The consolidation of Indonesia’s state-owned banks can lead to a more efficient banking system in the country.  However, oversight is needed; the four banks would control 60% of overall assets of the top ten banks (The Jakarta Post) and due to the sector’s interconnectedness to other institutions, this too-big-to-fail entity could bring greater risk to the financial system. It is also worth considering as to whether consolidation is needed since Indonesian banks already have access to the largest market in the ASEAN, and therefore have a competitive advantage over their ASEAN counterparts. In creating a large holding company, Indonesia runs the risk of reducing competitiveness in the sector, at a time when consumers and businesses require greater choice for financial products and services. A more streamlined banking system however will reduce operational costs and provides the opportunity for banking institutions to offer better financial services and increase the size of capital bases and boost profitability levels. This will ultimately attract foreign investors and funding for infrastructure projects, small and medium enterprises and consumer loans. As banks become larger through consolidation, there will be greater lending capacity which will enable shariah banks to expand their business reach across the archipelago and the ASEAN.

As Indonesia’s banking industry continues to develop, the sector has the potential to reach new heights as the country becomes more inclusive in the AEC. The OJK hopes there will be a domino effect among other banks in the country and further consolidation takes place, aiming to reduce the 120 or so banks to 60. Having fewer but better capitalised banks, along with a large market, can attract foreign banks and investment, especially as the country tries to compete regionally. Through these synergies, local banks can support long-term projects in infrastructure and utilities, and bring growth to other integral sectors of the economy.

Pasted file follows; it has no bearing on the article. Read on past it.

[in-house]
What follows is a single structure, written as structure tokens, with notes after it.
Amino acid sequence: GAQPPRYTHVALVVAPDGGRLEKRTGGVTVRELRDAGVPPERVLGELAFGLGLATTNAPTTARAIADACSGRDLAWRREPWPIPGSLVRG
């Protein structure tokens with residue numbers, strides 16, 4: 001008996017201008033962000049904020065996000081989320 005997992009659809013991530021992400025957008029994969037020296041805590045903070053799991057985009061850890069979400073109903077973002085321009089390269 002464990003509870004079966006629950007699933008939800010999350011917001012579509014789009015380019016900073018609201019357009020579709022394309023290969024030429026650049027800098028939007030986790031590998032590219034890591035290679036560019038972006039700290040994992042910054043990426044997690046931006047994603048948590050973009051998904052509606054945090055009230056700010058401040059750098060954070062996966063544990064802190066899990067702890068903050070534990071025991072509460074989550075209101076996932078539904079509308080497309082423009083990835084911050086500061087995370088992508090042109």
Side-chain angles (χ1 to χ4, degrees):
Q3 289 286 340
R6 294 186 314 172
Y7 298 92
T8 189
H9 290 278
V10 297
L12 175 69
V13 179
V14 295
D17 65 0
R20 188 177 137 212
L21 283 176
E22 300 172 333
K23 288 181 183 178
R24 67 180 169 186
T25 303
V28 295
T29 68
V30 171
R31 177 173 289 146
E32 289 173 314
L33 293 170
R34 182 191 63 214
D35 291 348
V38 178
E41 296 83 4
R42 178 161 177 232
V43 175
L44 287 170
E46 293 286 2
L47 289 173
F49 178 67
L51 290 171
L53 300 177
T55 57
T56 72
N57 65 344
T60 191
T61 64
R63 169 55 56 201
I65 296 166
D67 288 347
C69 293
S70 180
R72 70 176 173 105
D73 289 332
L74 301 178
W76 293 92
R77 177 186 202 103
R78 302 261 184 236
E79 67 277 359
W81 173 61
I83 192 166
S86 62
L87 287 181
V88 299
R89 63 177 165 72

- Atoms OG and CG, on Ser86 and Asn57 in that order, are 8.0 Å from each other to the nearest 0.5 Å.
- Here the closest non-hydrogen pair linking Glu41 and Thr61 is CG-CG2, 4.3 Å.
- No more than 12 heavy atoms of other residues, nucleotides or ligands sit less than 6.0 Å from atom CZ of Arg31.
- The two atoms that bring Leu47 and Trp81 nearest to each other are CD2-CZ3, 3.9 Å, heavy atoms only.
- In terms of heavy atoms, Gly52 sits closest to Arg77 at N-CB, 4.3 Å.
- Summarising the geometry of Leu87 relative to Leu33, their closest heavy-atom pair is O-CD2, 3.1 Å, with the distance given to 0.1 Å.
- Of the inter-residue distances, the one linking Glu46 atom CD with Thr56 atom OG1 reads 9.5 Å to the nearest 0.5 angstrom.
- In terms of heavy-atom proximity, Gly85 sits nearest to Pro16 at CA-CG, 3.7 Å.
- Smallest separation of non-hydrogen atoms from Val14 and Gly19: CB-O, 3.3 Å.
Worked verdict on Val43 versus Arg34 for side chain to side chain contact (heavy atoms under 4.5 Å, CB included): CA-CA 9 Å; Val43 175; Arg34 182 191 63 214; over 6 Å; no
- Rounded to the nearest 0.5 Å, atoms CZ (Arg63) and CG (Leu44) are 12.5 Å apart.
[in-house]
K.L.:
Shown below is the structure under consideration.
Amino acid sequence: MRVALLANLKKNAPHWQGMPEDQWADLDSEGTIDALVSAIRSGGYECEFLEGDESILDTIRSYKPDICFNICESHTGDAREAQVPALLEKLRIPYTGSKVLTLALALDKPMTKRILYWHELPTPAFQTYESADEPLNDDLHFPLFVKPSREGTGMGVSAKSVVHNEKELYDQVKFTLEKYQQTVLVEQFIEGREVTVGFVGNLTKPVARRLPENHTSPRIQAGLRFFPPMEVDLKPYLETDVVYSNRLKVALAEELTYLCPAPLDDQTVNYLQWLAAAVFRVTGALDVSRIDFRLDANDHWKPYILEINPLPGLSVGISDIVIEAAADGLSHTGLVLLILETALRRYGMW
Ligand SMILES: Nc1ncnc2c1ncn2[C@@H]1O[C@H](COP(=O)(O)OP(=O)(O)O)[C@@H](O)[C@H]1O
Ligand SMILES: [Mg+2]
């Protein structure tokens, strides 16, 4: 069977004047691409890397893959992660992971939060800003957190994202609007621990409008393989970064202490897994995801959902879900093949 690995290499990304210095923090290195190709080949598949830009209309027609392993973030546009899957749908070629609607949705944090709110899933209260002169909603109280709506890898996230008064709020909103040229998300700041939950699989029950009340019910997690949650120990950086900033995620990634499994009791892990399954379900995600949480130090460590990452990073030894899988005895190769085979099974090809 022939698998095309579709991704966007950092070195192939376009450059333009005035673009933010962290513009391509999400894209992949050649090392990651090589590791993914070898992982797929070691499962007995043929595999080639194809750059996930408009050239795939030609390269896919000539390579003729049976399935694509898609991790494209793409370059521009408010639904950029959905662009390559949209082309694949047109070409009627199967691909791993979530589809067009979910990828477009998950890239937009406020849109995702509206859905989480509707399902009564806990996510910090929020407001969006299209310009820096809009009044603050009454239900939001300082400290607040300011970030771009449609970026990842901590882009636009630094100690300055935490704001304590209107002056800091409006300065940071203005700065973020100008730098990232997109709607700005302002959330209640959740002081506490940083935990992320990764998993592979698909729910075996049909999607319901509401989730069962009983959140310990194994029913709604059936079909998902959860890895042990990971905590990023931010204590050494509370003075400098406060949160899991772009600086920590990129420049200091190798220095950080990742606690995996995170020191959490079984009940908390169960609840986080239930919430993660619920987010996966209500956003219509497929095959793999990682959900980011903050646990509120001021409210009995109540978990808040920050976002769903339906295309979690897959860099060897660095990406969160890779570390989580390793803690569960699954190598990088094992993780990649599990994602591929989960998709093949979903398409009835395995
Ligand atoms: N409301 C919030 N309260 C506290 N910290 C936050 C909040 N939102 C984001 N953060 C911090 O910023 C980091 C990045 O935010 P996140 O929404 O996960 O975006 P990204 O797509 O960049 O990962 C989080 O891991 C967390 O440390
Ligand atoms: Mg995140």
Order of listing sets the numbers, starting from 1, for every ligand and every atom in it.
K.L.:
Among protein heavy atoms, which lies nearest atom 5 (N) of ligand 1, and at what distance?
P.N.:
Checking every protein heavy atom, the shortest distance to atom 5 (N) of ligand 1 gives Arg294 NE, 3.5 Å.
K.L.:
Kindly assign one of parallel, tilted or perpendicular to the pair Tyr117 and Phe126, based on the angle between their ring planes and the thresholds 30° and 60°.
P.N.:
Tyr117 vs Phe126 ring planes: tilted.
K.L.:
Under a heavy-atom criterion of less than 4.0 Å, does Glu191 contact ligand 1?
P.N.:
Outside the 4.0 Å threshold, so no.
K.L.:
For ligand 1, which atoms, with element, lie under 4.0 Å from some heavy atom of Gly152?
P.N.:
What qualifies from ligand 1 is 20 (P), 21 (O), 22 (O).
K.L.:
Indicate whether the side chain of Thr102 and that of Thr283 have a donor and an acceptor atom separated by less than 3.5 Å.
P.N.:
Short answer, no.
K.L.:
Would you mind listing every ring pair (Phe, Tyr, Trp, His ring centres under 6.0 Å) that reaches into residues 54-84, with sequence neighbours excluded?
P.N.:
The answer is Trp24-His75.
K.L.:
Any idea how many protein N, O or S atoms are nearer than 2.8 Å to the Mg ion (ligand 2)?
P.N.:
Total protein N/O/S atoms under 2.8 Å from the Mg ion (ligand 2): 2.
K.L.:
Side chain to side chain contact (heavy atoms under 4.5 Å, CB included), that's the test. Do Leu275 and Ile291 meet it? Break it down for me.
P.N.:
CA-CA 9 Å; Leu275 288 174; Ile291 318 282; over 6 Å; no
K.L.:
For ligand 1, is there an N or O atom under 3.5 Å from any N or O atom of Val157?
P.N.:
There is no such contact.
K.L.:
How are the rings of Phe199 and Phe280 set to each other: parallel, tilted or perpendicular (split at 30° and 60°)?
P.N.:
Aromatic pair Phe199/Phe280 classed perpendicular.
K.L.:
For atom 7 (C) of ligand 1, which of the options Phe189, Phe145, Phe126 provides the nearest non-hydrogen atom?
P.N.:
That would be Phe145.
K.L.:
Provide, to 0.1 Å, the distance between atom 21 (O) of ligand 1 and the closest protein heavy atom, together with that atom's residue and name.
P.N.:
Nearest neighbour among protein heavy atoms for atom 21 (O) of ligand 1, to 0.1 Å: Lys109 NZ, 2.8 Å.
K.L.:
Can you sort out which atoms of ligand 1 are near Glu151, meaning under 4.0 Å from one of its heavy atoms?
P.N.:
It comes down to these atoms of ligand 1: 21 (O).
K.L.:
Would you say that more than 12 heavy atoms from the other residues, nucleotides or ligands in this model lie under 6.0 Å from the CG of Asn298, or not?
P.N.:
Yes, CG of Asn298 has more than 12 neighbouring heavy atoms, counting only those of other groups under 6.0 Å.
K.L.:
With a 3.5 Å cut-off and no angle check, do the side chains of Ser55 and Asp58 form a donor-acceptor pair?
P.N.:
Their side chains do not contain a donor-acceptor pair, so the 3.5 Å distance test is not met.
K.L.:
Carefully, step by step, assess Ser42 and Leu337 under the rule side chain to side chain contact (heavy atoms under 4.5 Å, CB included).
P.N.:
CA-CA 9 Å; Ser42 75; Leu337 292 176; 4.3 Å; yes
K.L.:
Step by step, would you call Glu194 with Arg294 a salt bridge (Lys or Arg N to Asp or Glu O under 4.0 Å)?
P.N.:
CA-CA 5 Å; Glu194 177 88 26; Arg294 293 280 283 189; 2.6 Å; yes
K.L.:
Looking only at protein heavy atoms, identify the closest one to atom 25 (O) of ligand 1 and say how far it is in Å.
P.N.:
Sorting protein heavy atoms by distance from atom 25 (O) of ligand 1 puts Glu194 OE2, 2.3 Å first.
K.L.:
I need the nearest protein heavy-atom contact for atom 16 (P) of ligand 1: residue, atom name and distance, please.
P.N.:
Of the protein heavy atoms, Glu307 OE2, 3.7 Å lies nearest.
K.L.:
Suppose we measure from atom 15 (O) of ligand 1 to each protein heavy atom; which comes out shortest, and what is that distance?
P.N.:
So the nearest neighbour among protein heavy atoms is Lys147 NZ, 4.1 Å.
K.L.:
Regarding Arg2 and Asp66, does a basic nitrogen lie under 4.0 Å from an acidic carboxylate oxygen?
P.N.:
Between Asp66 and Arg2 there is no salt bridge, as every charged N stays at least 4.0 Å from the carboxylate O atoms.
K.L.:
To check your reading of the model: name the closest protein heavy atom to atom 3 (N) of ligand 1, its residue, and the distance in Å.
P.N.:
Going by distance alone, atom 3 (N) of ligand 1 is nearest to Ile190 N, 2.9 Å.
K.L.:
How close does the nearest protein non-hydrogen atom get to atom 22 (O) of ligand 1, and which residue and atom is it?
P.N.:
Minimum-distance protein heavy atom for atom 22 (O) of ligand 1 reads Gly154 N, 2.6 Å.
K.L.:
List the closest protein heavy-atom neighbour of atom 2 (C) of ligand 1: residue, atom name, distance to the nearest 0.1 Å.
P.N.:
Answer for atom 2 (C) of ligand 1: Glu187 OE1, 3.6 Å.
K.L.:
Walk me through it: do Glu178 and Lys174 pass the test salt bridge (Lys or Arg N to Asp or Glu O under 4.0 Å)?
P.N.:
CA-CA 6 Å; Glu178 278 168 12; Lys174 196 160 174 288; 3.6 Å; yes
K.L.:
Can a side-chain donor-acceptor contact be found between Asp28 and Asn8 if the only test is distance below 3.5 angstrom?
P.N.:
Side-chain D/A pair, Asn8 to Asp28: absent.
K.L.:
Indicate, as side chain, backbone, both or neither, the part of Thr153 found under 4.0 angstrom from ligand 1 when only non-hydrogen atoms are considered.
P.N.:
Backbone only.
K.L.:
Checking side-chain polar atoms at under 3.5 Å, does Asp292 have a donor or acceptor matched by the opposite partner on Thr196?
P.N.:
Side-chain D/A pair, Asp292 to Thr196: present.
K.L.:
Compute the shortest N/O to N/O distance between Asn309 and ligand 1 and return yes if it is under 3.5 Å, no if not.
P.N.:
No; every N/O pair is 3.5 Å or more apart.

Global Business Guide Indonesia - 29th April 2016

icone share

Indonesia Finance Snapshot - Banking

Contribution to GDP: 2.87% (2016)
Return on Assets: 2.30% (Q4 2015)
Number of Commercial Banks: 120; 4 State/Partially State Owned, 10 Foreign, 16 Joint Ventures, 32 Non Foreign Exchange, 35 Foreign Exchange, 26 Regional Development Banks (August 2015).
Number of Islamic Banks & Units: 13 Banks, 32 Units (2016)
Total Assets: 6,244 trillion IDR (Q3 2015)
Government Bodies: Bank Indonesia, Ministry of Finance, Financial Services Authority (OJK).
Relevant Law: Bank Indonesia Regulation No. 14/8/PBI/2012 on Share
Ownership in Commercial Banks limits ownership by a single local/foreign financial institution to 40%, by a non financial institution to 30%, and by an individual to 20%. Larger stake is possible with the approval of Bank Indonesia.